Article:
Technical tactics: Fall play employs technology


Maya Shah/The SPOKE

Sweet escape: Meg and her father, joined by Calvin, played by seniors Cate Oken and Scott Angelides and junior Akhilesh Baddi, respectively, narrowly escape Camazotz and the wrath of “It.” After the trio made it to safety, they planned their approach to destroying the darkness and saving Meg’s brother, Charles Wallace.

By Zara Samdani and Joanna Harris, Copy Editor and Staff Reporter

Reading minds, hopping between different planets and, of course, using an object with five dimensions — these elements are nothing but normal for this year’s fall play.

On Nov. 17, Conestoga premiered “A Wrinkle in Time,” an adaptation of Madeleine L’Engle’s classic 1962 novel. The play is told from the perspective of Meg Murry, an awkward teenager who is troubled by personal insecurities and concern for her missing father. Even though it is set in a modern town, the play incorporates unreal, futuristic elements — making it different from past productions.

“This show heavily relies on technical aspects, like the lights and the set,” said freshman Prranit Arora, a member of the play’s cast. “That’s made the rehearsal process odd. We (the actors) aren’t really sure what the show is going to look like yet because we (don’t) have that technical part.”

To accurately portray the intergalactic setting, the technology crew created digital images, known as projections, of different locations on earth and space. These images are stitched together, projected on the screen — where they serve as the backdrop for the scene — and timed carefully so that they switch to a different image after a scene is over.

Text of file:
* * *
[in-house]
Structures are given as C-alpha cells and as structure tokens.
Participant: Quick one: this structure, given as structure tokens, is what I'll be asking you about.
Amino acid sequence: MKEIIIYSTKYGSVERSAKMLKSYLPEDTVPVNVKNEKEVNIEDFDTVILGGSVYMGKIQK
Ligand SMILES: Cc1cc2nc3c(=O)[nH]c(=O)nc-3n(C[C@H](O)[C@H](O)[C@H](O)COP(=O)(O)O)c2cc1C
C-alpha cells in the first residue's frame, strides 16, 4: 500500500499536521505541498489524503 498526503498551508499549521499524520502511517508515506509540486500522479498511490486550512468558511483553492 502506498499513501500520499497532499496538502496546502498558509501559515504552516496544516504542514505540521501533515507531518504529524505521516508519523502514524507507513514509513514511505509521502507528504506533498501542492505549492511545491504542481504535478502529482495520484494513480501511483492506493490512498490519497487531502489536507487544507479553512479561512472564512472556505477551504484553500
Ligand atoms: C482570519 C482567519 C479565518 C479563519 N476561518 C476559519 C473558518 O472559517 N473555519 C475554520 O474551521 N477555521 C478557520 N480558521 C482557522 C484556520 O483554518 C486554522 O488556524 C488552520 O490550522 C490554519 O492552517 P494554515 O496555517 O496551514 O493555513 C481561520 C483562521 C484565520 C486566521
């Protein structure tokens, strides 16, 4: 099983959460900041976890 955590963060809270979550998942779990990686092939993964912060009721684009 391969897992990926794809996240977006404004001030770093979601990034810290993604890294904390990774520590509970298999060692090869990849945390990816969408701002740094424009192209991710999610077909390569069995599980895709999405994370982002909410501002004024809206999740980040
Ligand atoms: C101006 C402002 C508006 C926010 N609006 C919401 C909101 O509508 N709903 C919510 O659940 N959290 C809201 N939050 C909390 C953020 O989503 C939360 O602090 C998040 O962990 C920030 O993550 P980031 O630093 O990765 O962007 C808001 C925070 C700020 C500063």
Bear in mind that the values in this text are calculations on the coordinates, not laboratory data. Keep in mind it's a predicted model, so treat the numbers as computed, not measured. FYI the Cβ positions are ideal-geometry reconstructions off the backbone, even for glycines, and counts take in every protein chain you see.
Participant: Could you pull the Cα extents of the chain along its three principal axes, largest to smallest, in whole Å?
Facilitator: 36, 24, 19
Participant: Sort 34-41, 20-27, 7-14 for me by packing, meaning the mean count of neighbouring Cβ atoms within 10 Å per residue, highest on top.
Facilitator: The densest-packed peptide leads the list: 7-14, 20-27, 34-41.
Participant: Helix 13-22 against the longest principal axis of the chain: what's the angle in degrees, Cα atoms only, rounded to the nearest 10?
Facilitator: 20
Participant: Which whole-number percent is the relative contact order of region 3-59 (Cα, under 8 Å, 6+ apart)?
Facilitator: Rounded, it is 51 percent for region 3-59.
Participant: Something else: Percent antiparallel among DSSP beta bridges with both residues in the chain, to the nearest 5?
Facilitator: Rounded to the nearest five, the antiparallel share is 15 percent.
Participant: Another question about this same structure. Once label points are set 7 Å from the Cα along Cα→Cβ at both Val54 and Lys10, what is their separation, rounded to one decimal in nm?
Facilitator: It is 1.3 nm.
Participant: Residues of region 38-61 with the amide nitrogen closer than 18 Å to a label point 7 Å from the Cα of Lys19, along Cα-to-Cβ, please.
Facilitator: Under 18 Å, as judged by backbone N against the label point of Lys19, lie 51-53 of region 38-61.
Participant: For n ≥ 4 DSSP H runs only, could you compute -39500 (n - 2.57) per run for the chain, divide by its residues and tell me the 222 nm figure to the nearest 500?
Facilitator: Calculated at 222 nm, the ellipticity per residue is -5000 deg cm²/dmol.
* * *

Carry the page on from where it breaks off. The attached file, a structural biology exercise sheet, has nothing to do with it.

“We used the projector for ‘Anastasia’ (last year),” said sophomore Kaitlyn Hess, a member of the stage crew who controls the lights. “But the difference with (‘Anastasia’) is that we bought pre-made projections that were from a different company. This time (for ‘A Wrinkle in Time’), there (were) no pre-made projections, and we (made) everything from scratch.”

The play also used approximately 30 sound effects, which is significantly more than in previous years. The technology crew implemented particular noises to convey specific actions — teleportation, space travel and mind-reading, for example — during the play. When timed correctly, these noises add realism and immerse the audience in the surreal environment.

“If we do our job well and seamlessly, then there are beautiful transitions from scene to scene and the audience feels transported from one part of the story to another — especially in this production of ‘A Wrinkle in Time’ because we’re going around the universe,” said senior Ayala Snir, the left deck captain of the stage crew.

Because of “A Wrinkle in Time’s” modern setting, the cast and crew did not need to prioritize the traditional components of a play, such as the costumes and props. With the exception of interacting with extra-terrestrial creatures, the main actors wear everyday outfits and require minimal theater props.

“Looking at the set itself, there’s really little props,” ’Stoga Theatre director Natalie Wallace said. “A lot of (the play) is communicated through sound, through light, through the projections.”

A combination of a heavy reliance on technology and a decreased use of props sets the play apart from past productions, according to Wallace.
“We’re blessed with some very talented actors with a talented tech crew. They (the tech crew) do a good job telling the story. They do an amazing job of designing that vision that I’m looking for,” Wallace said. “And that’s what makes this process so much easier. Everyone is working together through all their different talents to put on an amazing production.”

Zara Samdani can be reached at [email protected]

Joanna Harris can be reached at [email protected]